Econlog’s Bryan Caplan really gets Martin Gilens’s new book AFFLUENCE & INFLUENCE

I was very pleased to see Bryan Caplan’s review this morning on Econlog. He really gets to the heart of Marty Gilens’s new book AFFLUENCE AND INFLUENCE: Economic Inequality and Political Power in America.  From the review:

“In The Myth of the Rational Voter, I discuss several mechanisms that might explain why, given public  opinion, democracies’ policies are better than you’d expect.  But I was simply unaware of the facts presented in Martin Gilens‘ new Affluence and Influence: Economic Inequality and Political Power in America.  Gilens compiles a massive data set of public opinion surveys and  subsequent policy outcomes, and reaches a shocking conclusion: Democracy has a strong tendency to simply supply the policies favored by the  rich.  When the poor, the middle class, and the rich disagree, American democracy largely ignores the poor and the middle class….”

As Caplan mentions later in the review, Gilens’s findings are going to be misinterpreted by the left and the right.  He also found in AFFLUENCE AND INFLUENCE, to many liberals dismay, “American democracy largely ignores the poor and the middle class” for the better!

Noam Chomsky cites Marty Gilens’s eye-opening new book AFFLUENCE AND INFLUENCE

Noam Chomsky recently featured Martin Gilens’s new book AFFLUENCE AND INFLUENCE: Economic Inequality and Political Power in America in his column on AlterNet.org.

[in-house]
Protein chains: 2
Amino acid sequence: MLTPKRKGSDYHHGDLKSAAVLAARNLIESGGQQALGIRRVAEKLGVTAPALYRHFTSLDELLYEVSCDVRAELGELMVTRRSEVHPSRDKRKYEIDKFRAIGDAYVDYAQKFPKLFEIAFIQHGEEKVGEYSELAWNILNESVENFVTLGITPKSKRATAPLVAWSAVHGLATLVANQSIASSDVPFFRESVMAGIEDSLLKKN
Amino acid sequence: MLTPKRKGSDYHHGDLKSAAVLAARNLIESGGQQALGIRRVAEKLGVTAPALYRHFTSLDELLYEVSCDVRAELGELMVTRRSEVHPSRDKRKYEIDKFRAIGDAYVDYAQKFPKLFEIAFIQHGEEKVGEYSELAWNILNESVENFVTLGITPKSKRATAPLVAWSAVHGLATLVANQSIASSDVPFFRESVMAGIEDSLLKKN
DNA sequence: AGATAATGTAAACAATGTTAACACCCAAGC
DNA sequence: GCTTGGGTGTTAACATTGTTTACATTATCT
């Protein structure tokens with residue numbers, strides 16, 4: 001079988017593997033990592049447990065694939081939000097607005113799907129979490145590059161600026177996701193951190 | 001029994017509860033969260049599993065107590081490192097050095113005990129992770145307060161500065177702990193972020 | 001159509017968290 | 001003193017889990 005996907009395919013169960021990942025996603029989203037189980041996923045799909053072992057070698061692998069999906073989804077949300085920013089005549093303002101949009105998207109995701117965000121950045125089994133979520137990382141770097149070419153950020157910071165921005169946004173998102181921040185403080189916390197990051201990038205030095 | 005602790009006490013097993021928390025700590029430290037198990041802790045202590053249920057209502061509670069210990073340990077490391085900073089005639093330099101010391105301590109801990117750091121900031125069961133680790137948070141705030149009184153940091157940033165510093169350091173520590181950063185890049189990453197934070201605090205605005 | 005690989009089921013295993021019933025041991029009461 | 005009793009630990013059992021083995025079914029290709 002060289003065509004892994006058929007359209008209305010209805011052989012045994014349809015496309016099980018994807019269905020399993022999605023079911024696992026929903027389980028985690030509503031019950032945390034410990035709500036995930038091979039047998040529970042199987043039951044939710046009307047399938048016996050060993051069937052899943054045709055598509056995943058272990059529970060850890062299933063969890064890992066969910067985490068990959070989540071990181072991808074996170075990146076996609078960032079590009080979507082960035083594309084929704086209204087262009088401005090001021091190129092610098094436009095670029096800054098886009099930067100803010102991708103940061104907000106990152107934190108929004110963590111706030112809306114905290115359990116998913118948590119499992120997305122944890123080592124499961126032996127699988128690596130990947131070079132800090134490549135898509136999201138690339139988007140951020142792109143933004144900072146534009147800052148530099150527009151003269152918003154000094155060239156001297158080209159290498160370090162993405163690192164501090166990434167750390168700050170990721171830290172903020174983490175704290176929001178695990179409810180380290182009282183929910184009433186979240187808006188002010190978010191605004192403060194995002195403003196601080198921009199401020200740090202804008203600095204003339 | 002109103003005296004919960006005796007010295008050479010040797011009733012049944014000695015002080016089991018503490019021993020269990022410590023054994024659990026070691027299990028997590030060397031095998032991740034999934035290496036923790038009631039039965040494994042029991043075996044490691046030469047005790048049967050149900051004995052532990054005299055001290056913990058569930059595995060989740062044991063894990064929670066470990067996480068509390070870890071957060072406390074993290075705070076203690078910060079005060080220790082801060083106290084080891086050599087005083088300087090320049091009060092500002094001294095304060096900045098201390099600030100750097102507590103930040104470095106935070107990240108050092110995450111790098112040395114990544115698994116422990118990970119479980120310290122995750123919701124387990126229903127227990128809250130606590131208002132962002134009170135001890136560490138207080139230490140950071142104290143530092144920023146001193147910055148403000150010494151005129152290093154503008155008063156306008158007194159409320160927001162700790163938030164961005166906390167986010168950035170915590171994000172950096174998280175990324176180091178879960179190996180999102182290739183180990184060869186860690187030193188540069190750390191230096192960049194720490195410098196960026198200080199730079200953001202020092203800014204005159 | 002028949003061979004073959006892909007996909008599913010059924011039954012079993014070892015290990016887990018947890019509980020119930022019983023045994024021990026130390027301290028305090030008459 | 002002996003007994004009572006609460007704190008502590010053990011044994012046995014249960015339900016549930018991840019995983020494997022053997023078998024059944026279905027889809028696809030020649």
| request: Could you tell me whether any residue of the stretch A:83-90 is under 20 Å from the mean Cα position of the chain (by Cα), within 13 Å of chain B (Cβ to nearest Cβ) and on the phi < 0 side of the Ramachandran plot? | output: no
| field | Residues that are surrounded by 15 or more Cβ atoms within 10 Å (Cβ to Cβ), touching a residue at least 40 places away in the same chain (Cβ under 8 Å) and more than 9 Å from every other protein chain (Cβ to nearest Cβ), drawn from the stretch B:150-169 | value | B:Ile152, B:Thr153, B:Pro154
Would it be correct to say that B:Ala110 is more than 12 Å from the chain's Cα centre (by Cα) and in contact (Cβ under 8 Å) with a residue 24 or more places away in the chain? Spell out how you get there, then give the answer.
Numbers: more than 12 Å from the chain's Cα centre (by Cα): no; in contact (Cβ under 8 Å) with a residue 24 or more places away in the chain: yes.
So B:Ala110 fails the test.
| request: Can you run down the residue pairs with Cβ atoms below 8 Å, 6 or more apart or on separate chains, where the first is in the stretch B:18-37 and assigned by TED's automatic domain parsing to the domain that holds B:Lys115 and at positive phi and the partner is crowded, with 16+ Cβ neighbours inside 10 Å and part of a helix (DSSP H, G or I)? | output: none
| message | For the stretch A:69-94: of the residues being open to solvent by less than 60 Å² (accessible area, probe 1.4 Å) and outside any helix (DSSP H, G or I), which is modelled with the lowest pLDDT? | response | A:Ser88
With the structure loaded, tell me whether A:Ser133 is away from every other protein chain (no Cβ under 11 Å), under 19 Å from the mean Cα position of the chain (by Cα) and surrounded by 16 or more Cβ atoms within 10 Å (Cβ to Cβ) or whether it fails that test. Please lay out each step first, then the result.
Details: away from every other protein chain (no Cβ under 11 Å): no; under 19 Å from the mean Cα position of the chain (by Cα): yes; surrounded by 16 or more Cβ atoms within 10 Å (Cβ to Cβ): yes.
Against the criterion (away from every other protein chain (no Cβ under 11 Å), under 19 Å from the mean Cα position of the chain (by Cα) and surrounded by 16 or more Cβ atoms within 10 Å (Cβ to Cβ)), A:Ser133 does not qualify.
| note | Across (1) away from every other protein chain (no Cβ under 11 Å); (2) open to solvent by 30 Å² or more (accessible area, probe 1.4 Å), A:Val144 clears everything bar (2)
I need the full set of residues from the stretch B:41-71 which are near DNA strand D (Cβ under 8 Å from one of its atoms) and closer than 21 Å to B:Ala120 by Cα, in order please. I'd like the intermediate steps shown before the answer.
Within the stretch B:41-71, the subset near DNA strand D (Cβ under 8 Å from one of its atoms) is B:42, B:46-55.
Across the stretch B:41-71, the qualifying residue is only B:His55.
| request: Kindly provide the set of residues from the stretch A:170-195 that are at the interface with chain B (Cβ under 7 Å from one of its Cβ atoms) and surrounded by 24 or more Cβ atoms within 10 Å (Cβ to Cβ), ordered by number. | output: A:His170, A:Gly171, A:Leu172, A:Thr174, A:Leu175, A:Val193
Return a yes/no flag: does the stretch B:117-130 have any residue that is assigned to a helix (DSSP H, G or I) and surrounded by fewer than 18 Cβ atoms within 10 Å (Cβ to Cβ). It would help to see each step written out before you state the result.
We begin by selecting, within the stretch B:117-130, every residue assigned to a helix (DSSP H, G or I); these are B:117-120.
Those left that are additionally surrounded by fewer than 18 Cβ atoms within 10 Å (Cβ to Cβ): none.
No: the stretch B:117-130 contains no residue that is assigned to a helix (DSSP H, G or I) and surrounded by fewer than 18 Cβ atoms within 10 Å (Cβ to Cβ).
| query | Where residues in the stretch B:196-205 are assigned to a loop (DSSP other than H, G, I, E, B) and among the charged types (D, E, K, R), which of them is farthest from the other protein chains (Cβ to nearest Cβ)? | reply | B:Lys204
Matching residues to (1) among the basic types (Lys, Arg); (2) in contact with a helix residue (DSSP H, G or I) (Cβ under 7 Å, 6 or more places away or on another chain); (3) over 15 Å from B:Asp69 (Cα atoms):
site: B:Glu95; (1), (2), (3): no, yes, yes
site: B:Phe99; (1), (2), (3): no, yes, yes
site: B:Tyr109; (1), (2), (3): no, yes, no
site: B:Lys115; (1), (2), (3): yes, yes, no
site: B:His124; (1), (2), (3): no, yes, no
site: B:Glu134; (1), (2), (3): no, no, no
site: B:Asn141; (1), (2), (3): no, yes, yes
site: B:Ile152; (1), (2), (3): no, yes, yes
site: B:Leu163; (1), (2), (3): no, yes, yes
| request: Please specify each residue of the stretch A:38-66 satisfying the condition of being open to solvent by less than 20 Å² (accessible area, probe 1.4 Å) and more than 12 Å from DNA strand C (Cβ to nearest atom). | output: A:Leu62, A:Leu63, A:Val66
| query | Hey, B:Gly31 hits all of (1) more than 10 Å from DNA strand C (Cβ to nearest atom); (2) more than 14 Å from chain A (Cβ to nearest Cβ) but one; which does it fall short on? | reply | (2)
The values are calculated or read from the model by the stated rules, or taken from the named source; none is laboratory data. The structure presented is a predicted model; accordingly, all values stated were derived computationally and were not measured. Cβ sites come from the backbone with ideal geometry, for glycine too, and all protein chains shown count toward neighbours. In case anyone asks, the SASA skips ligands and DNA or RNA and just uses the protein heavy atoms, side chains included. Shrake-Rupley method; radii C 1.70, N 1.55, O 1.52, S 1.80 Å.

Brink Lindsey discusses his new eBook HUMAN CAPITALISM with Glenn Loury on Bloggingheads

Martin Gilens discusses Affluence and Influence on The Rachel Maddow Show

Martin Gilens appeared on The Rachel Maddow this past Monday to discuss his new book Affluence and Influence:
Economic Inequality and Political Power in America
with guest host Ezra Klein. In his book, Gilens analyzes decades of polling data and proposed policy changes and shows that when the preferences of the rich diverge from the preferences of the poor and middle class, the government responds staggeringly to the affluent. His book raises some very important questions about economic and political inequality, topics sure to become talking points leading up to November’s presidential election.

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